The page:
Unions voice fears on inflation and consumption

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Summer 1999 saw increasing concern among Portuguese trade unions over a number of economic indicators. Although individual income has gone up, the inflation rate and the rate of indebtedness of Portuguese families are considered to be sources of major concern.

In mid-August 1999, after the Organisation for Economic Co-operation and Development (OECD) had issued a forecast of a 2.5% inflation rate for Portugal, the trade unions once again stated that it would not be possible to achieve the 2.0% mark forecast in the country's 1999 state budget.

After inflation reached 3% in April, the general council of the General Workers' Union (União Geral de Trabalhadores, UGT) in May had called attention to the inflation issue because:

  • it threatened to have a negative impact on the income of workers and pensioners, since pay subject to collective bargaining, plus the minimum wage and pensions, were to increase in 1999 at the rate of 2%;
  • family spending, which is still on the rise, has increasingly been bolstered by recourse to loans. Family indebtedness has therefore risen and is, according to reliable sources, among the highest in the European Union; and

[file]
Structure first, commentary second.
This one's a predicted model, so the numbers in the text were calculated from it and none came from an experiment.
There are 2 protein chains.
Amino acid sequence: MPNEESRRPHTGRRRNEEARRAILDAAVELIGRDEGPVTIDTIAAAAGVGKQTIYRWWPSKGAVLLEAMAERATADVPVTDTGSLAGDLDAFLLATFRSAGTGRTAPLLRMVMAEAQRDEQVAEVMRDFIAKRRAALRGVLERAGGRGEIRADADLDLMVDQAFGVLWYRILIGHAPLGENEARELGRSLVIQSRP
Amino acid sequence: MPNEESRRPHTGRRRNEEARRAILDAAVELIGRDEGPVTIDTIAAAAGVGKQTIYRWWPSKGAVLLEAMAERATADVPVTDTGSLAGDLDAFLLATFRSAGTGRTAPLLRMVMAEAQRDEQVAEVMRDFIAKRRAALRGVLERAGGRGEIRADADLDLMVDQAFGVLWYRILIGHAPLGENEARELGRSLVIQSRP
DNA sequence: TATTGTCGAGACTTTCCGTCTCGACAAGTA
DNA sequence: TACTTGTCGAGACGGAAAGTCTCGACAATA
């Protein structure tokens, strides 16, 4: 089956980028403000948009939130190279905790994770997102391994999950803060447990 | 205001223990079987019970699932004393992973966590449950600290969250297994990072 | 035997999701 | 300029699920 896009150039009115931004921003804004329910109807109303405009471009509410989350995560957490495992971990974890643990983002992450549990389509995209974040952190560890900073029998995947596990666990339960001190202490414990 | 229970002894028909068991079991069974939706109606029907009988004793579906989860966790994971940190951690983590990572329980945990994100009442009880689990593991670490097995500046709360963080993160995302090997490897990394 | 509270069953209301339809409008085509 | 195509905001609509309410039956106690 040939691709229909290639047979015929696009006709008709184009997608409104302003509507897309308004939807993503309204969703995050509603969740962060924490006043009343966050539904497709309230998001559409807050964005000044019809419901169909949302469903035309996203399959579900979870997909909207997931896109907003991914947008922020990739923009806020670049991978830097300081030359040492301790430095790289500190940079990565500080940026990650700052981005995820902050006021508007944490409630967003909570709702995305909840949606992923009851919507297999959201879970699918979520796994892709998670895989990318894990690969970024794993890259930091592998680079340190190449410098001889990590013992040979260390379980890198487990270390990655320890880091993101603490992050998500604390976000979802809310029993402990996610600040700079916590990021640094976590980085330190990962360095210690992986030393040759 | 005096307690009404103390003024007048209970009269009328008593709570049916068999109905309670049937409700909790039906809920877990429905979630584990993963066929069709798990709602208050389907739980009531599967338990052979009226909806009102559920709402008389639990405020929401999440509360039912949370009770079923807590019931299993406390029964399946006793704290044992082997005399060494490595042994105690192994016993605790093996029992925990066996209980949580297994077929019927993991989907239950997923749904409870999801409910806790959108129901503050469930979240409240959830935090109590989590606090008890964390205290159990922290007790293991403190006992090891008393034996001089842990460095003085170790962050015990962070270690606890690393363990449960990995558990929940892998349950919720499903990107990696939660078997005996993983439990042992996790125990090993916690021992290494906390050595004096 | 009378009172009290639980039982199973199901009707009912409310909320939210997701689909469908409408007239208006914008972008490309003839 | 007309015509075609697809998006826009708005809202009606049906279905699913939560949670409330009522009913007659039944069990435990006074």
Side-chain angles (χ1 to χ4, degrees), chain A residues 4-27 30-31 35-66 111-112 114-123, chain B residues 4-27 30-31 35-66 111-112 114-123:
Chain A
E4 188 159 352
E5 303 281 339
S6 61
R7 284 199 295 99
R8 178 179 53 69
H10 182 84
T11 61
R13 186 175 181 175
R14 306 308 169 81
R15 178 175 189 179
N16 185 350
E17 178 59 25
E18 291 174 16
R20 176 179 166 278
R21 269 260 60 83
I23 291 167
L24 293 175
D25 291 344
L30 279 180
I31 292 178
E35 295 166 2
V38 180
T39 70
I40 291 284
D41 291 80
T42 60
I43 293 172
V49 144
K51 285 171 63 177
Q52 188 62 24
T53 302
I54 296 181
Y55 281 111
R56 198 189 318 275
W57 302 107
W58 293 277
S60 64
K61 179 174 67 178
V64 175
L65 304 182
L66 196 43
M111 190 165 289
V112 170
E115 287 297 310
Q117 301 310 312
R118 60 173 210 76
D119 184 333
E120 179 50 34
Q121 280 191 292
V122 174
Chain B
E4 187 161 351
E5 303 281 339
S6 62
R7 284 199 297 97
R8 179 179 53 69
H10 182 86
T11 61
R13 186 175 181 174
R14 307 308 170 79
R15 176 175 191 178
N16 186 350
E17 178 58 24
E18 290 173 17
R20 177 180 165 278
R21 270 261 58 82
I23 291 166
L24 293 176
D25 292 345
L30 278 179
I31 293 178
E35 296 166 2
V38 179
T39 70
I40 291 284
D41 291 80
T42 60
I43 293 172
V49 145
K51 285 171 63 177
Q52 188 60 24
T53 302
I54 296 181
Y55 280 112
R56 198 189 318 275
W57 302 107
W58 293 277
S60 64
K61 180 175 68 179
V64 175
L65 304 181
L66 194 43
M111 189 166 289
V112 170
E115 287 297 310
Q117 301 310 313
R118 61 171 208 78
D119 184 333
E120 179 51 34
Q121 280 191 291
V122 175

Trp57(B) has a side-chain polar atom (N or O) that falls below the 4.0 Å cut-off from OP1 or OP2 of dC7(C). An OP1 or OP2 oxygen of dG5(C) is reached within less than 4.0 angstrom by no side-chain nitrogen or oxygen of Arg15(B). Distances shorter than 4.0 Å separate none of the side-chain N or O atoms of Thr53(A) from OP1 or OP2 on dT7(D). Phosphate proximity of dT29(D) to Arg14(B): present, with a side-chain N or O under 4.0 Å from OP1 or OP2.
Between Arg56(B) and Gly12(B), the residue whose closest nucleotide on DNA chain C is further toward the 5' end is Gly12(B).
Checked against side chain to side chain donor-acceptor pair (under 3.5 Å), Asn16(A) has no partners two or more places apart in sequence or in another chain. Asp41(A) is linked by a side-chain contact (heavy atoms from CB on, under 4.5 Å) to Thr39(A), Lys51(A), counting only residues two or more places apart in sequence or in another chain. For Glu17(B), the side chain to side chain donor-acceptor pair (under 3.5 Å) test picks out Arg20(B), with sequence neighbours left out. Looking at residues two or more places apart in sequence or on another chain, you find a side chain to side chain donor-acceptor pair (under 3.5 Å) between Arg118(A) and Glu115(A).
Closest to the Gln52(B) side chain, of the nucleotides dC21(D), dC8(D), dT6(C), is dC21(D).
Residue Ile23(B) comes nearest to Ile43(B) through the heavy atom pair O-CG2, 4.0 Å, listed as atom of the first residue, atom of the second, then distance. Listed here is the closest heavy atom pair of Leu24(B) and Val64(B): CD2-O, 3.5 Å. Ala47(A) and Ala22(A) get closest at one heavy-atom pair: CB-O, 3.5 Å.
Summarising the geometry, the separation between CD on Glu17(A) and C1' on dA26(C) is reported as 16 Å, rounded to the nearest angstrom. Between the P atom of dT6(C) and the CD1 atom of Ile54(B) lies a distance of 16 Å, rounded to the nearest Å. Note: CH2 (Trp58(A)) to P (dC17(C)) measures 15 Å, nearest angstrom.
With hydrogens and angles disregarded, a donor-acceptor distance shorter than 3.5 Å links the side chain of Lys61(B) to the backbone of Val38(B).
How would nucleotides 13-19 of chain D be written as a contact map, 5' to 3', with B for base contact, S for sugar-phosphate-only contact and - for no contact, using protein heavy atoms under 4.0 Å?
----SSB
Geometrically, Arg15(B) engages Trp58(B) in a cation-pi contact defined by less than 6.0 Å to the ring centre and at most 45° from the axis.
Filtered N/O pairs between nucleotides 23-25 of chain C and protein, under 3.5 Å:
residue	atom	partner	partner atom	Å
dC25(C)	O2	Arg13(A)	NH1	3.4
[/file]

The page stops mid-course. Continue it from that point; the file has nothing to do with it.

• the indebtedness issue is cause for even more concern, since loans are taken out for the purchase of consumer goods. This type of "consumerism" has, it is claimed, been sparked by advertising campaigns for special credit lines.

The unions' latest concern comes at the same time as a report issued by the Central Bank (Banco de Portugal), whose findings include:

  • a slowing down of Portuguese convergence with the rest of the EU; and
  • significant family indebtedness and higher inflation pressure than was expected. This inflation pressure, however, is said not to constitute a cause for concern.

In UGT's opinion, the following measures should now be taken:

  • control of inflation by, for example, lowering the cost of fuel, which is at a higher price than the European average;
  • immediate changes to the income tax system with a view to making it fairer for employees; and
  • prevention of excessive family indebtedness through information campaigns, and taking a closer look at the nature of loan contracts themselves and the pitfalls of easy credit.
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